Kenya Jobs: What Are Your Opportunities For Work In Kenya?

This page gives information about finding Kenya jobs, backgrounds about salaries and working conditions, and other details about working in Kenya.

There are many laws regarding employment in Kenya, with many intended to protect workers. Most Kenya jobs have similar regulations as do jobs in North American countries - at least on paper. Workers are entitled to paid leave, extra pay for overtime hours, union representation and relatively safe working conditions.

Jobs In Kenya For Foreigners

It’s not easy for foreigners to find a job in Kenya. Foreigners who do find jobs, often do so in tourism (the biggest foreign income earner), journalism (Kenya’s newspapers are respected internationally), teaching, advertising and perhaps most often in the development & aid sector. Remember that Nairobi is packed with UN agencies and Kenya hosts many Western organizations active in neighboring, war-ridden Somalia. While the work is dangerous and low-paying, it may be very satisfying and interesting work.

However, like elsewhere, the rule seems to be that if a Kenyan can be found for the job, there’s no need to hire a foreigner. Job offers often aren’t advertised, so they way to find out is to spend much time with expats and to ask around.

There aren’t many websites that list job offers, and those that do are often not up to date. One exception is the Kenya Jobs blog at, which has fresh job offers almost daily.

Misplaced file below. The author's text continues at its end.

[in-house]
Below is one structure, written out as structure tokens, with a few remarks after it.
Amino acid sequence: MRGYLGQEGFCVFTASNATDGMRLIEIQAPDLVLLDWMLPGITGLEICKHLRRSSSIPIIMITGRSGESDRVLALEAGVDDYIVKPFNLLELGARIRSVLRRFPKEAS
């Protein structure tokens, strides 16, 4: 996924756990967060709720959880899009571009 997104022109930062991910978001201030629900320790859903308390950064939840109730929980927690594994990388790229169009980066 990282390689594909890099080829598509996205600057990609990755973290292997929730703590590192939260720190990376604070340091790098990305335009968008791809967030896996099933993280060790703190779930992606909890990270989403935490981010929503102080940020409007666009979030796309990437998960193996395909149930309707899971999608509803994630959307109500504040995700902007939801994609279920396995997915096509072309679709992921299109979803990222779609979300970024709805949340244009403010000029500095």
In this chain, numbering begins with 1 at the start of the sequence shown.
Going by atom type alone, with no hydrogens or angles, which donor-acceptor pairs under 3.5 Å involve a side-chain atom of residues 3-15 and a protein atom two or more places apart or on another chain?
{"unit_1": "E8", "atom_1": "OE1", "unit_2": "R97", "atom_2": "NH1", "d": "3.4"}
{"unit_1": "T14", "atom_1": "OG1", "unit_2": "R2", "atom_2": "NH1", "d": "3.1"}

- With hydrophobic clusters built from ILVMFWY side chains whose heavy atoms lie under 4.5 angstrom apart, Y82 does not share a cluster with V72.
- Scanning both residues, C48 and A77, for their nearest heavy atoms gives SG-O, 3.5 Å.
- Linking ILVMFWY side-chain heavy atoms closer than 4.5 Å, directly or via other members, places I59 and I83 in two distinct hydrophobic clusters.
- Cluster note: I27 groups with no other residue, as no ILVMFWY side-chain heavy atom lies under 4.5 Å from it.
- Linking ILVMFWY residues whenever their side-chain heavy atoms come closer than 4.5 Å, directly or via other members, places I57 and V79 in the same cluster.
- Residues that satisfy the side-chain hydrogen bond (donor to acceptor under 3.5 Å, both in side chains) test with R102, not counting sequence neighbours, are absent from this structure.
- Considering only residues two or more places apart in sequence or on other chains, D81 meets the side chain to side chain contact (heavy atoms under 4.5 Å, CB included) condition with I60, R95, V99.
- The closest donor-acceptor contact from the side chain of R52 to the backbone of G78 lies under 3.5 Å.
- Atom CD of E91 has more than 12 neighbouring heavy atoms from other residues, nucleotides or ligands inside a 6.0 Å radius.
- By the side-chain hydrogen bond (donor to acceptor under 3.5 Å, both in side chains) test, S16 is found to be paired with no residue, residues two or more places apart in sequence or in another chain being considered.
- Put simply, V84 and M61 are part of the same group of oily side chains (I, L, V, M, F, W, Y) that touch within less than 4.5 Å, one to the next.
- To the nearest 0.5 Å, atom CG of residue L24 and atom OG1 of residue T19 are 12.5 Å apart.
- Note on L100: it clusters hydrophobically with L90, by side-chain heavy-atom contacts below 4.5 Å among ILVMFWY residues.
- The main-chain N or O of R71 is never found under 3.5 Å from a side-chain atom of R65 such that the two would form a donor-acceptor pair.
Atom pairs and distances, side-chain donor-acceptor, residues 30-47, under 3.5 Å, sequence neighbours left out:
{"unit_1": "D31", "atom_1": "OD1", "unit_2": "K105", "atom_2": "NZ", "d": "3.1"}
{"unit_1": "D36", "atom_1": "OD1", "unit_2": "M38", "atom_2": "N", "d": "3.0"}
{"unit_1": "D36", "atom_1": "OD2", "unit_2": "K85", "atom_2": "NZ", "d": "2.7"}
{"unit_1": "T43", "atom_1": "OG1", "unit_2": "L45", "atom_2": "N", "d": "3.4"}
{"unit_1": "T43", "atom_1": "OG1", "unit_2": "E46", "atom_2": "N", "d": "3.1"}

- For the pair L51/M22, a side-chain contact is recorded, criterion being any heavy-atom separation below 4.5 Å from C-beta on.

Where Do Kenyans Work?

Jobs in Kenya can be hard to find simply due to the high rate of unemployment in the country, and lack of job diversity.

The main industry in Kenya is agriculture (with tea, coffee and flower farming being rather big), and approximately 75% of the population is employed in that field. In terms of revenue, tourism is big as well.

The official unemployment rate in 2004 for 15%, though some estimates place the true figure much higher. People with very specialized training in fields other than agriculture may find Kenya job opportunities to be scarce. This has created a difficult situation as more and more young Kenyans pursue higher education, only to find the job market cannot accommodate them.

Backgrounds Of Working In Kenya

A regular work week in Kenya is 45 hours long, and typically includes work time on Saturdays (approximately 5 hours). The legal limit is 52 hours per week, though it may be extended for those working night-time shifts.

Minimum wages for Kenya jobs vary by location and skill level, and are not consistent through the country. In 2006, the minimum wage for an urban worker was approximately 4,600 Kenyan shillings, which was $60 US per month (at 2006 exchange rates). This not enough income to support a family, which leaves many workers relying on additional work or subsistence farming to survive.

Wages in Kenya are usually paid monthly, except for casual workers who get paid at the end of each day. Most full-time employees will have some deductions to expect with each pay check. Pay As You Earn (PAYE) income tax deductions are the most common. There may also be deductions for the National Hospital Insurance Fund, to support the health care system.

National Holidays

There are 11 national holidays in Kenya, which are usually treated as paid holidays. Many familiar holidays in North America and Europe are observed in Kenya too, including New Year, Good Friday, Easter, Christmas and Boxing Day. Kenyans also recognize the following holidays:

  • Labour Day – May 1
  • Madaraka Day – June 1
  • Idd-Ul-Fitr – as per the Muslim lunar calendar
  • Kenyatta Day – October 20
  • Moi Day – October 10
  • Jamhuri Day – December 12

Related Pages:

The Kenya Economy: An Introduction
The Nairobi Business Sector
From Kenya Jobs To The Homepage

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